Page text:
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Portland City Council Extends Housing Emergency, Relocation Assistance


Portland City Council voted once again to extend a housing emergency to continue to deal with the city’s housing crisis.

The emergency declaration, which was first declared in 2015, will continue to waive portions of the city’s zoning code and will give the Portland Housing Bureau and the Multnomah County Joint Office of Homelessness Services six months to come up with metrics to decide when the emergency declaration can end. The vote was unanimous.

The council also voted to extend mandatory relocation assistance for tenants who are involuntarily displaced. The policy was set to expire Oct. 6, but Portland Mayor Ted Wheeler says an extension will give council time to come up with a permanent assistance policy.

The vote extends the sunset by six months, though Mayor Wheeler says he plans to have a permanent policy by Dec. 6 that would be in place by the end of the calendar year.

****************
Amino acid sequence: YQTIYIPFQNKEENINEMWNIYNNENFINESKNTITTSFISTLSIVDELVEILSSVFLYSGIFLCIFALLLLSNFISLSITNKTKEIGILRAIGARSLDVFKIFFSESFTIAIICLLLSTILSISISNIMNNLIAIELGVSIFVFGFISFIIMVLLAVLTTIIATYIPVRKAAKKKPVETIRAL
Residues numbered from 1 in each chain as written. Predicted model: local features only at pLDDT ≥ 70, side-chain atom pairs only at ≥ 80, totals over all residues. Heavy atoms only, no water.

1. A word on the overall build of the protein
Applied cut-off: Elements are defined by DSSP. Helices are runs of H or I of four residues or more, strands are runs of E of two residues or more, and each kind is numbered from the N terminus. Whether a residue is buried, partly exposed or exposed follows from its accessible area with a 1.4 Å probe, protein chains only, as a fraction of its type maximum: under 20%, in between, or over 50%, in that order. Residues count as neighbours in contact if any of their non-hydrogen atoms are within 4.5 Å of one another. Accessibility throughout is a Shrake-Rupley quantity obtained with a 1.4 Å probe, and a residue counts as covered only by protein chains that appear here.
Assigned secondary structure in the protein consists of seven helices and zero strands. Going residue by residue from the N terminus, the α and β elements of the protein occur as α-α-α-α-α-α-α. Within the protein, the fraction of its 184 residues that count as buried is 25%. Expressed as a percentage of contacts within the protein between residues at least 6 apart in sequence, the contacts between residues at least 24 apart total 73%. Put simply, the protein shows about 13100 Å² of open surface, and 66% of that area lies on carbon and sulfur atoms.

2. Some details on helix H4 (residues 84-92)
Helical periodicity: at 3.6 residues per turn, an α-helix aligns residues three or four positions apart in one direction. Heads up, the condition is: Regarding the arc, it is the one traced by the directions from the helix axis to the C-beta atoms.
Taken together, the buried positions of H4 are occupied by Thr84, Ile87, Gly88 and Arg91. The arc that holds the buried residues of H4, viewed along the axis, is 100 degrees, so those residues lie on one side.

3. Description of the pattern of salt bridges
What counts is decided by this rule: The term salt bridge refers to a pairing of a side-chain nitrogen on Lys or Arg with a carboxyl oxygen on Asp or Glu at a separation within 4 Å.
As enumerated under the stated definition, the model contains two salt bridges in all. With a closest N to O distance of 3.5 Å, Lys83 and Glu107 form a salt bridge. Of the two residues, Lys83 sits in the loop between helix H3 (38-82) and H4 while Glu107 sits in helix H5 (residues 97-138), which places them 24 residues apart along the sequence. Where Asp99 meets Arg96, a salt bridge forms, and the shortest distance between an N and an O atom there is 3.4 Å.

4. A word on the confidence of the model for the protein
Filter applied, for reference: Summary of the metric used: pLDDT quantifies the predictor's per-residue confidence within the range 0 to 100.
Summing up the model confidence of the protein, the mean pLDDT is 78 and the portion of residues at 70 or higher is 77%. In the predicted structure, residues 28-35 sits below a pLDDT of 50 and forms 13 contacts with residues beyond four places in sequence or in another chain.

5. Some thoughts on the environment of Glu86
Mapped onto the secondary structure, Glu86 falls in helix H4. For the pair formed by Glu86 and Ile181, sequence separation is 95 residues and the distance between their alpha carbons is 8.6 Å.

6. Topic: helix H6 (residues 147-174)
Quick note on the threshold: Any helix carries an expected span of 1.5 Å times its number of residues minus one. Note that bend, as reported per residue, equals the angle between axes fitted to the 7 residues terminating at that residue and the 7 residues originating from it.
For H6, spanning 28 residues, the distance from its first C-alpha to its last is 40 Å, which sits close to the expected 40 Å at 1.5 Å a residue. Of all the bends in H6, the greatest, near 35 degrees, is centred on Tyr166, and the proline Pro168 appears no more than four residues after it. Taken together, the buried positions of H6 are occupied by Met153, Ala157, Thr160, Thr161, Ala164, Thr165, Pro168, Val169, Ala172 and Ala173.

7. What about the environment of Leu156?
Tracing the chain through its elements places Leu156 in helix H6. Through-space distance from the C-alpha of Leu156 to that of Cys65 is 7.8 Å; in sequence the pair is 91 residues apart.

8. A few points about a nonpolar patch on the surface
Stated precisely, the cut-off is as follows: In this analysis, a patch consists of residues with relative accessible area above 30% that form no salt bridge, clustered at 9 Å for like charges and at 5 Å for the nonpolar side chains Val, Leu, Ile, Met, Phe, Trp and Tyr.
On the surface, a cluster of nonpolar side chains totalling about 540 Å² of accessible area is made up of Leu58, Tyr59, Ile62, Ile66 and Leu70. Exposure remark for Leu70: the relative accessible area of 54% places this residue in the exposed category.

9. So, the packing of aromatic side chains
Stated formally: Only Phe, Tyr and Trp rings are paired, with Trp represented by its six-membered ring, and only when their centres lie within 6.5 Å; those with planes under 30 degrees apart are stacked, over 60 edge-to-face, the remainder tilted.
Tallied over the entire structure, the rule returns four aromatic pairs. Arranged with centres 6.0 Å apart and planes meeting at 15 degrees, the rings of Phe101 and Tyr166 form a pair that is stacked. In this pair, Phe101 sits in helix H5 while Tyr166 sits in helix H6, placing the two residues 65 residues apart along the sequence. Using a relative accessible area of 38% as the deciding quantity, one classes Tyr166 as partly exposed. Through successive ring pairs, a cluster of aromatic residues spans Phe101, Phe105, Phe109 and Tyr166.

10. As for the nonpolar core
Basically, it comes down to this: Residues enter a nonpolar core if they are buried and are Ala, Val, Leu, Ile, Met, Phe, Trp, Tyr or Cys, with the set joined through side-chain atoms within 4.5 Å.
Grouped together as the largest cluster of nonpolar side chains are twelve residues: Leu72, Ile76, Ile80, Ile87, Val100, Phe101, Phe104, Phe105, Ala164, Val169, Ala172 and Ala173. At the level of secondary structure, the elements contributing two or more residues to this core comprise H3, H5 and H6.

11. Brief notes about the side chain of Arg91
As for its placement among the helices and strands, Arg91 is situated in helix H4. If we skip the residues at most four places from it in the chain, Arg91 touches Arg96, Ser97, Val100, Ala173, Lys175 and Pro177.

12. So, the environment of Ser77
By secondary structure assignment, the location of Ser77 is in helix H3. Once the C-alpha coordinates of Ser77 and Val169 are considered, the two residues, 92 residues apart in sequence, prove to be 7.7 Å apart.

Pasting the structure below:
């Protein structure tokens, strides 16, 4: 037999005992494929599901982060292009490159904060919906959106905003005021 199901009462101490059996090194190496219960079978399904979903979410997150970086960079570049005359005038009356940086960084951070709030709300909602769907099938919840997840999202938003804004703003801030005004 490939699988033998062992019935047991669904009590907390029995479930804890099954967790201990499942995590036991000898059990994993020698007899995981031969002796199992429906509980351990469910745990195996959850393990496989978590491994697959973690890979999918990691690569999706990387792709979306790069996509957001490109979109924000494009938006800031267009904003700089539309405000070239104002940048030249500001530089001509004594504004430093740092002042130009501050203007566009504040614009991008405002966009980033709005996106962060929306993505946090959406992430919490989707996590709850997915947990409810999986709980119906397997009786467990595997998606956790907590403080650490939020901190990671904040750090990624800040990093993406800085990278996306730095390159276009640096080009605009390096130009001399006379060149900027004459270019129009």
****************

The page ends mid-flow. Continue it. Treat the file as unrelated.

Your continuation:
The policy as it currently exists includes an exemption for owners of one rental property. It allows them to avoid paying renter relocation fees, an exemption Commissioner Chloe Eudaly attempted to amend at the city council meeting Wednesday. The amendment failed.

City and county leaders laid out what they’d accomplished under the housing emergency declaration. Officials say the declaration has allowed them to avoid “dumb rules” that have prevented them from building affordable housing quickly. Mayor Wheeler said waived zoning codes allowed the city to streamline the permit process for 2,200 affordable housing units now in the pipeline.

Mark Jolin, the director of the Joint Office of Homeless Services said the office has helped 4,900 people get permanent housing, a 65 percent increase since the year before the housing emergency was declared. Jolin says six year round emergency shelters have opened in two years, creating 650 new beds in the county.

But officials say the work is not done. 

More than 1,600 people remain unsheltered, and the city’s overall homeless population has continued to grow over 10 percent in the past two years.

“We need to fully stabilize the shelter capacity we created,” said Jolin.

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